Friday, 11 July 2008

Murder & Crime Series - Medway - by Janet Cameron

Murder in Medway
by Jenna Pudelek from Kent on Sunday w/e 15 June, 2008

Author uncovers tales from the dark underbelly of area's history.

Scheming temptresses, highwaymen, smugglers and the brutal murder of a young mother are just some of the dark deeds from Medway's past, uncovered in a new book.

Janet Cameron's Murder and Crime Series, Medway, explains numerous crimes and wrongdoings that feature in the rich history of the northern Kent around Chatham and Rochester. She said, 'I'm interested in anything dramatic because I'm a fiction writer so I'm fascinated by all human behaviour. I also think you have to look at the dark side rather than just focusing on all the good things. It makes life so much richer somehow.'

As well as regaling the reader with gory tales of murder, the author also reminds us of horrors of early prisons and corporal punishment, with children as young as seven hanged for theft.

Asked what was most striking while researching the book, Ms Cameron, who used to live in Bexleyheath before moving to East Sussex, said, 'I think the way the law has changed. You could get deported or hanged for things that later were not even really a crime. Some of the things people got away with as well, for example, cruelty to their children. It tells us something about ourselves then and now.'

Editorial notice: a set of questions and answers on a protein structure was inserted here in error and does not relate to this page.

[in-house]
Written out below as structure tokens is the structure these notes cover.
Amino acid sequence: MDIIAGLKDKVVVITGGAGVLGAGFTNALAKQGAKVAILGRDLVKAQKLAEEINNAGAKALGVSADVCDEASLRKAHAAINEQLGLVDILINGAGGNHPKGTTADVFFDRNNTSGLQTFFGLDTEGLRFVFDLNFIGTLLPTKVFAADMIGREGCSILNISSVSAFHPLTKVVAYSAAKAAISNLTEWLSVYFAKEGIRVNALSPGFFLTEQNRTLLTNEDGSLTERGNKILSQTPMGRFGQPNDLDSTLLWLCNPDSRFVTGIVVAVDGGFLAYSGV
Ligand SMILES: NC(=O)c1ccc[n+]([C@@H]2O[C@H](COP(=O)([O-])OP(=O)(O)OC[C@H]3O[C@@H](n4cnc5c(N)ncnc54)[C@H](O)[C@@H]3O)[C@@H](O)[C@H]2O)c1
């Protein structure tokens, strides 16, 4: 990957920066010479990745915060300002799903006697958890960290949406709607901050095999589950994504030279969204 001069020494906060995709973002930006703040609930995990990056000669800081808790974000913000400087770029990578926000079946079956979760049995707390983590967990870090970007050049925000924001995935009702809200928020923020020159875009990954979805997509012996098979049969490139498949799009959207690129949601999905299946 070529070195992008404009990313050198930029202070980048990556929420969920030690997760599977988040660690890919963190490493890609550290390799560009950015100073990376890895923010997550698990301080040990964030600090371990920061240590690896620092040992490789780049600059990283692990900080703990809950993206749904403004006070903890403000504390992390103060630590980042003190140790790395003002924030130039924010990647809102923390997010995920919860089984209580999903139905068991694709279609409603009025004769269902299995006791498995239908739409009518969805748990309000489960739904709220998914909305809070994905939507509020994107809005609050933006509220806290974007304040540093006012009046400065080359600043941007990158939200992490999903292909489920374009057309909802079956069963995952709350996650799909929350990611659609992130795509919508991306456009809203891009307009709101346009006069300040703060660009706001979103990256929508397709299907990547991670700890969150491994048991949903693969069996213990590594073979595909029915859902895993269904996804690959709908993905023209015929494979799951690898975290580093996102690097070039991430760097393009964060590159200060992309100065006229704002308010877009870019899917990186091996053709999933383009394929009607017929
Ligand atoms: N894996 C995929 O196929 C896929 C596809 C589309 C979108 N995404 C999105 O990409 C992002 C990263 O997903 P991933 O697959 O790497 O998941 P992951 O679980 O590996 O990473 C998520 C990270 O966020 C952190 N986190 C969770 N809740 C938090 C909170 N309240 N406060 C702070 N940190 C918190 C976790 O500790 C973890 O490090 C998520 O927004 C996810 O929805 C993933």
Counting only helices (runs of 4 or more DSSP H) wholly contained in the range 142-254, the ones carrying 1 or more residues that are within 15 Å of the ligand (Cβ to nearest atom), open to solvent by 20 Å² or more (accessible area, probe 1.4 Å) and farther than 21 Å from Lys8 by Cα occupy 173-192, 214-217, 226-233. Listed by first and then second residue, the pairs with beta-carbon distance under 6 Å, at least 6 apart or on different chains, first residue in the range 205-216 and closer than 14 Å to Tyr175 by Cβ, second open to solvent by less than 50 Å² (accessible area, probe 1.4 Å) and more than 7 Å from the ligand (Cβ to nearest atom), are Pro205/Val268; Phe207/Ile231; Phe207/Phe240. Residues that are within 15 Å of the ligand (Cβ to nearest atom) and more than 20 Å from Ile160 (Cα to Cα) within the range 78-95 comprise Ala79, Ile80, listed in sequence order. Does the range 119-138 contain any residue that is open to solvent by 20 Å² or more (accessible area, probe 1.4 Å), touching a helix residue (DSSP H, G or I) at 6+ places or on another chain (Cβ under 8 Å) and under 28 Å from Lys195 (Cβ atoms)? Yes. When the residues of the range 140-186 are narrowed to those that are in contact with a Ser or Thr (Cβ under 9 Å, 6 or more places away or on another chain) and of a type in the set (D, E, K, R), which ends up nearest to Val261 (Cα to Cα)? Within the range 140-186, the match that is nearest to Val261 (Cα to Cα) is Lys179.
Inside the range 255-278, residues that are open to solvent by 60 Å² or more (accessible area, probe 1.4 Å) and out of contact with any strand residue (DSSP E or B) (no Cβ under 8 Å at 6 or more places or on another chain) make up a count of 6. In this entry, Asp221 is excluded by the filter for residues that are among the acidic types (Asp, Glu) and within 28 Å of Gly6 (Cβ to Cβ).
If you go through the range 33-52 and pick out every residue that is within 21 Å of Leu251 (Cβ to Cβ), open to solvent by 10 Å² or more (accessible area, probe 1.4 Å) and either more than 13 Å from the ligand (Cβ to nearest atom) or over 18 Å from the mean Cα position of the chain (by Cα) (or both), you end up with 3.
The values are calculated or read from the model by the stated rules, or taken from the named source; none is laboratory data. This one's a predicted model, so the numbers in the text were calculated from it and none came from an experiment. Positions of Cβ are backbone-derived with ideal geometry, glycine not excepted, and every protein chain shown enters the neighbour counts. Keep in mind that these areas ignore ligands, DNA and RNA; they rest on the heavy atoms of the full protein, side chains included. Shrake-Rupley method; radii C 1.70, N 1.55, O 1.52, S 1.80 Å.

Before 1834, the book states, the bodies of hanged prisoners would often be stripped and dipped in tar - they were then put in an iron cage and hung in a prominent place to act as a warning to people. Ms Cameron said, 'Sometimes the bodies remained until they decomposed or were eaten by birds.'

Another gruesome tale is the murder of Grace Holgate, a pregnant mother-of-one by her husband, Joseph, in 1894. Holgate beat her after a row over household accounts - even after she managed to escape to her stepfather's house he chased her and contued choking her until eventually he was prised away.

Later in the evening the 28-year-old suffered an epileptic fit, gave birth to a stillborn son and died.

Ms Cameron thinks the most interesting story in the book is that of Chatham-born Richard Dadd, a Victorian artist, who is famed for his paintings of faires and other supernatural subjects.

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